We all want to find the next miracle drug—especially the one that will cure an ailing loved one. But it can take researchers a long time—decades, sometimes—to discover and develop new medicines. Not only do scientists and doctors hope to create a therapy that works well, but it can’t cause too many side-effects. And even then, after all that time and effort to move the therapy from the lab bench to the patient’s bedside, the drug might stop working after a few months if the patient develops resistance to it.
How can we overcome this final hurdle?
Sanford-Burnham faculty member Giovanni Paternostro, M.D., Ph.D. and his research group think Nature might have the answer to designing more effective therapies that are less likely to result in resistance: the many-to-many approach.
Most current drug regimens follow a one-to-one or one-to-many model. In other words, one drug is given to influence one particular target in the cell—usually a single protein that’s gone haywire. Or a single drug might affect several proteins (whether that was the intent or not). This method works well in many cases, but that’s not the way biology does things. Billions of years of evolution have perfected the way biological systems control the behavior of genes and proteins. And the solution is many-to-many.
See, in a cell, several regulatory proteins (“controllers”) might influence the behavior of several other proteins (“targets”). Paternostro and his team are wondering if Nature’s many-to-many approach might work for drug therapies, too. Let’s say a person has breast cancer. Instead of taking just one medication that’s aimed at one particular malfunctioning protein, why not design a cocktail of several different drugs (the controllers) that all address a handful of proteins that malfunction in cancer (the targets)?
“Combined drug interventions are an increasingly common therapeutic approach to complex diseases, such as cancer. However, drugs are usually developed individually and only later combined in the clinic based on their known successes or failures as single-therapy agents,” said Paternostro. “We are beginning to think that maybe scientists and doctors should start purposefully designing therapies based on the many-to-many concept.”
The biggest advantage to the many-to-many approach is redundancy. This means that if one drug in the cocktail stops working, it’s okay because there are several backups in the therapeutic cocktail and the therapy can continue to be effective.
What’s more, a many-to-many therapeutic approach might be more effective, too. Almost every cancer is different. One person’s breast cancer might be caused by an abnormal version of one protein, while someone else’s cancer is the result of a different mutant protein. A many-to-many-style cocktail of anti-cancer drugs would be more likely to help both of those patients instead of just one or the other.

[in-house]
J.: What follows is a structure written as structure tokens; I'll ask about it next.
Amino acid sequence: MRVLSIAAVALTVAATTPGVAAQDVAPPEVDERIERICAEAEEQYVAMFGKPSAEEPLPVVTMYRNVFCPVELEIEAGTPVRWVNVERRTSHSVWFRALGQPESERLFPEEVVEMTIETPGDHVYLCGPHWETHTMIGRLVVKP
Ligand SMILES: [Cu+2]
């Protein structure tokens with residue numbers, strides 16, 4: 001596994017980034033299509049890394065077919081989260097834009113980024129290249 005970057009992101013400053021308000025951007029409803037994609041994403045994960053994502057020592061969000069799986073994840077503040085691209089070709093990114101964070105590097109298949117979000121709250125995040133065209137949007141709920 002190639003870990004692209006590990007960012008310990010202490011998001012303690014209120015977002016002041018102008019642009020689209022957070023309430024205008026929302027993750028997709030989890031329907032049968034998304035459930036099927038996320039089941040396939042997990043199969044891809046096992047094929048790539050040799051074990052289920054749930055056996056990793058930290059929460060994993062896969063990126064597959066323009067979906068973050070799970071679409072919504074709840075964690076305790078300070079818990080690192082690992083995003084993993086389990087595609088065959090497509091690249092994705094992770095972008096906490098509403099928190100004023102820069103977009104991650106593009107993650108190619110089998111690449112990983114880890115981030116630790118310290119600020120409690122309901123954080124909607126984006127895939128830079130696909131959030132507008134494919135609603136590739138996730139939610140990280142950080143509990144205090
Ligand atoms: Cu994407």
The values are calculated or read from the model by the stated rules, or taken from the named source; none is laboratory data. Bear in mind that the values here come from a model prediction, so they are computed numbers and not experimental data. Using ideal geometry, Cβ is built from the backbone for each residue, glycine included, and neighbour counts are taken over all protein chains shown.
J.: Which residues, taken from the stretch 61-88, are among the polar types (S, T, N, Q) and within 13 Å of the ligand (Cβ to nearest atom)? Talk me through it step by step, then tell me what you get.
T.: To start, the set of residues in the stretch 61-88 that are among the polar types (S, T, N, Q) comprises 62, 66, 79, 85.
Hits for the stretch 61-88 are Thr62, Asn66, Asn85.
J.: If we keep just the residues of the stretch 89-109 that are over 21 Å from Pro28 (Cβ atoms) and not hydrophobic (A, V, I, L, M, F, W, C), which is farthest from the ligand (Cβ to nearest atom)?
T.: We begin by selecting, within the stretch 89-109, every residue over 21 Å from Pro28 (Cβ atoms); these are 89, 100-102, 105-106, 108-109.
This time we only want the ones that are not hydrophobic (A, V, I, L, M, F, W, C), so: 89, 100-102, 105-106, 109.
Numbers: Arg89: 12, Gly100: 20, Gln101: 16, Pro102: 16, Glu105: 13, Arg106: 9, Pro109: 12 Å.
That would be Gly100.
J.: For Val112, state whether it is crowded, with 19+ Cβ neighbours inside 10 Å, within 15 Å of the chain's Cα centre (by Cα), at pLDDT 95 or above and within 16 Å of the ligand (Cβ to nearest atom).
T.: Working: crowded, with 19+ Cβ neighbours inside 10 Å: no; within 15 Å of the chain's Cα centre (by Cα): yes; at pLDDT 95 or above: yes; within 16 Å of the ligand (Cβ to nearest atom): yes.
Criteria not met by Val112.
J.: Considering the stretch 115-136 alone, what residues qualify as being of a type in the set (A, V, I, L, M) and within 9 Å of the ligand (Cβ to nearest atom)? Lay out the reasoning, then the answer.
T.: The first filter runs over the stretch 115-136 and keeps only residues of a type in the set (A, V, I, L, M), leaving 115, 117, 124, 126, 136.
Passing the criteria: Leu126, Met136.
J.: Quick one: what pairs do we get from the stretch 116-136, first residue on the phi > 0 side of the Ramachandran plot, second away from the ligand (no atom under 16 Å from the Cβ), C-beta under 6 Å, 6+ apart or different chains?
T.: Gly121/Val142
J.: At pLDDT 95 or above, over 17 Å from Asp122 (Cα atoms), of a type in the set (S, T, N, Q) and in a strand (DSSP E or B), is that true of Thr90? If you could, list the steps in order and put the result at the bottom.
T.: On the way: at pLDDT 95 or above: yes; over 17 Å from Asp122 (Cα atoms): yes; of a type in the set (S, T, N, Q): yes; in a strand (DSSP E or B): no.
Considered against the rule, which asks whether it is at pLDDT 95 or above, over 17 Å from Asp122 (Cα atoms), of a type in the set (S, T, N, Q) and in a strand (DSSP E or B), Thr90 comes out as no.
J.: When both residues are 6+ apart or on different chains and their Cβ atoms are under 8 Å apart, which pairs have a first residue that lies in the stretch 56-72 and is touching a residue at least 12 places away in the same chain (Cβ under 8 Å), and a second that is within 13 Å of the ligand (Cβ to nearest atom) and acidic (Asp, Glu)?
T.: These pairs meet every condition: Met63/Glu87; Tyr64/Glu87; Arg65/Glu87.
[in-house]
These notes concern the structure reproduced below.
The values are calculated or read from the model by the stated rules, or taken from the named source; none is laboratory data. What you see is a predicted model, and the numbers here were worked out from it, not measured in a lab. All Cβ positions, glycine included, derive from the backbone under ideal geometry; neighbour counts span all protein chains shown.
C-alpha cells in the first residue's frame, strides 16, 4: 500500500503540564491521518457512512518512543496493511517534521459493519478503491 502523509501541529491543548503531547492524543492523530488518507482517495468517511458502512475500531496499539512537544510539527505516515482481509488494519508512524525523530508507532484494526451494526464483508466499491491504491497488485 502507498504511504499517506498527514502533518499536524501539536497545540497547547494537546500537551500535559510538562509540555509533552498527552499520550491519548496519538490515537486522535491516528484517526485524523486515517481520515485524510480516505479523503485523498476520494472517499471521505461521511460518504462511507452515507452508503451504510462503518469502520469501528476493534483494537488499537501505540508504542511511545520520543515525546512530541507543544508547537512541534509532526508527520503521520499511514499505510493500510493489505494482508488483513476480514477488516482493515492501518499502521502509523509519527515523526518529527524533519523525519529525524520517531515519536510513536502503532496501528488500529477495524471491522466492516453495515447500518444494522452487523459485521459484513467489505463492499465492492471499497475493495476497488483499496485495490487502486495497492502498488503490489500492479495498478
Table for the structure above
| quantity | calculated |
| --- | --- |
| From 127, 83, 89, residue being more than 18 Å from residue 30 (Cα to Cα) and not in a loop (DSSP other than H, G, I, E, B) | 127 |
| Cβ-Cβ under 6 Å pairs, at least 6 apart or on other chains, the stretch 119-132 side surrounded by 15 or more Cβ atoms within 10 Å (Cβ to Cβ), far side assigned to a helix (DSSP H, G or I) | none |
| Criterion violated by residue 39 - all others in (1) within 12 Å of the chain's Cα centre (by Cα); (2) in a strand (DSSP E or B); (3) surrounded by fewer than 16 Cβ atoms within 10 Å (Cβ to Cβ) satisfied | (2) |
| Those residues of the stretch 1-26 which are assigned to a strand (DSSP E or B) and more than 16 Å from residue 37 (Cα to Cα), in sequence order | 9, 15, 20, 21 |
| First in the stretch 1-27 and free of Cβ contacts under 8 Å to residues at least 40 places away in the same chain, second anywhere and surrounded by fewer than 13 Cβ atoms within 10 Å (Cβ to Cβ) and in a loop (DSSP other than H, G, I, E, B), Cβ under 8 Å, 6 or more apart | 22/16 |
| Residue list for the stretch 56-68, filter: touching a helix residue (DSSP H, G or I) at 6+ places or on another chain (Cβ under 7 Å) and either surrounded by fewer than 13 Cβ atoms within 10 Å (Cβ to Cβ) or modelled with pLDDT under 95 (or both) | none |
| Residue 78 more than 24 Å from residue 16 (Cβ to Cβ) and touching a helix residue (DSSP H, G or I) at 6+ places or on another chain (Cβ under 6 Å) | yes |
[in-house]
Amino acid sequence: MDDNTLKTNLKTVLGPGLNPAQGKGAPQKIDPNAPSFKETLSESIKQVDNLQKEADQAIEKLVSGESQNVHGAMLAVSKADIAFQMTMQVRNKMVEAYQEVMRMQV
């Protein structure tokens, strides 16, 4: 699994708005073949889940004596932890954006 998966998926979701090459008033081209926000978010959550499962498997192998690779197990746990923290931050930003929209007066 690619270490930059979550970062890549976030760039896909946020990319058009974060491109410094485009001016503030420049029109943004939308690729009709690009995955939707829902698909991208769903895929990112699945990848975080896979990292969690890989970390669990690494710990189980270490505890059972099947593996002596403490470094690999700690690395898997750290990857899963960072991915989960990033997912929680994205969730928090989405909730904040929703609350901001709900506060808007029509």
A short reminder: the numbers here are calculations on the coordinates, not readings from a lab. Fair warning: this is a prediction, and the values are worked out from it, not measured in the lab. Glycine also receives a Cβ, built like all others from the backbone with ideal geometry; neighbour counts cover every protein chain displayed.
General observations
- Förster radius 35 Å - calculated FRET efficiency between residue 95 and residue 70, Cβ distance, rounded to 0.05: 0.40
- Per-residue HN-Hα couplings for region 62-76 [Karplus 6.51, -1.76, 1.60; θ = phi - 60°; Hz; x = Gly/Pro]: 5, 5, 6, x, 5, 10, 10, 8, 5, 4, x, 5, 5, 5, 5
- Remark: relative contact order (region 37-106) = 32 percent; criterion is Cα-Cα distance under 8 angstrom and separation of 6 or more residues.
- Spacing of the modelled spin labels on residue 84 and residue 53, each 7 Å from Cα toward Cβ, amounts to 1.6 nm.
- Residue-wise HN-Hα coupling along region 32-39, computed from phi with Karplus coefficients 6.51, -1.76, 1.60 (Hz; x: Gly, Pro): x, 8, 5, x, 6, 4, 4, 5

“The many-to-many approach is a balance between redundancy and efficiency,” Paternostro said. “And Nature seems to have come up with this same balance again and again, in many different systems.”
This biomimetic approach—meaning “mimics biology”—doesn’t have to apply only to biological systems and therapeutics. Leonardo da Vinci’s famous drawing of the Vitruvian Man was based on biomimetics—he believed buildings could be designed based on the proportions of the human body. Likewise, engineers might be interested in considering the cell’s protein network and the complicated mechanisms that keep them operating smoothly, even when perturbed by outside forces such as infection or injury. So what about an electric grid? Or artificial intelligence systems? It’s easy to see how vulnerable these systems can be when a tree falls on a single node in the electric grid and the whole city goes dark. In that case, too, a balance between efficiency and redundancy would be a good thing.
Paternostro, postdoctoral researcher Jacob Feala, and their collaborators—physicists Carlo Piermarocchi and Phillip Duxbury from Michigan State University, along with bioengineer Andrew McCulloch and engineer Jorge Cortes at the University of California, San Diego—outlined a proof-of-principle for the many-to-many concept in a paper published January 3 in the journal PLoS ONE. Here, they developed a mathematical model to analyze and compare naturally occurring biological networks and a drug-target network. They found that both networks shared certain statistical properties that seem universal across systems and species—suggesting they might really be onto something here.
“If they were linked in a biomimetic way, therapeutic, electrical, or computer networks would be more redundant and therefore less fragile,” said Paternostro. “We view this paper not as an answer, but as a big challenge for people to think about—people in medicine, pharmacology, engineering, or any field where complex networks are involved.”
Feala, J., Cortes, J., Duxbury, P., McCulloch, A., Piermarocchi, C., & Paternostro, G. (2012). Statistical Properties and Robustness of Biological Controller-Target Networks PLoS ONE, 7 (1) DOI: 10.1371/journal.pone.0029374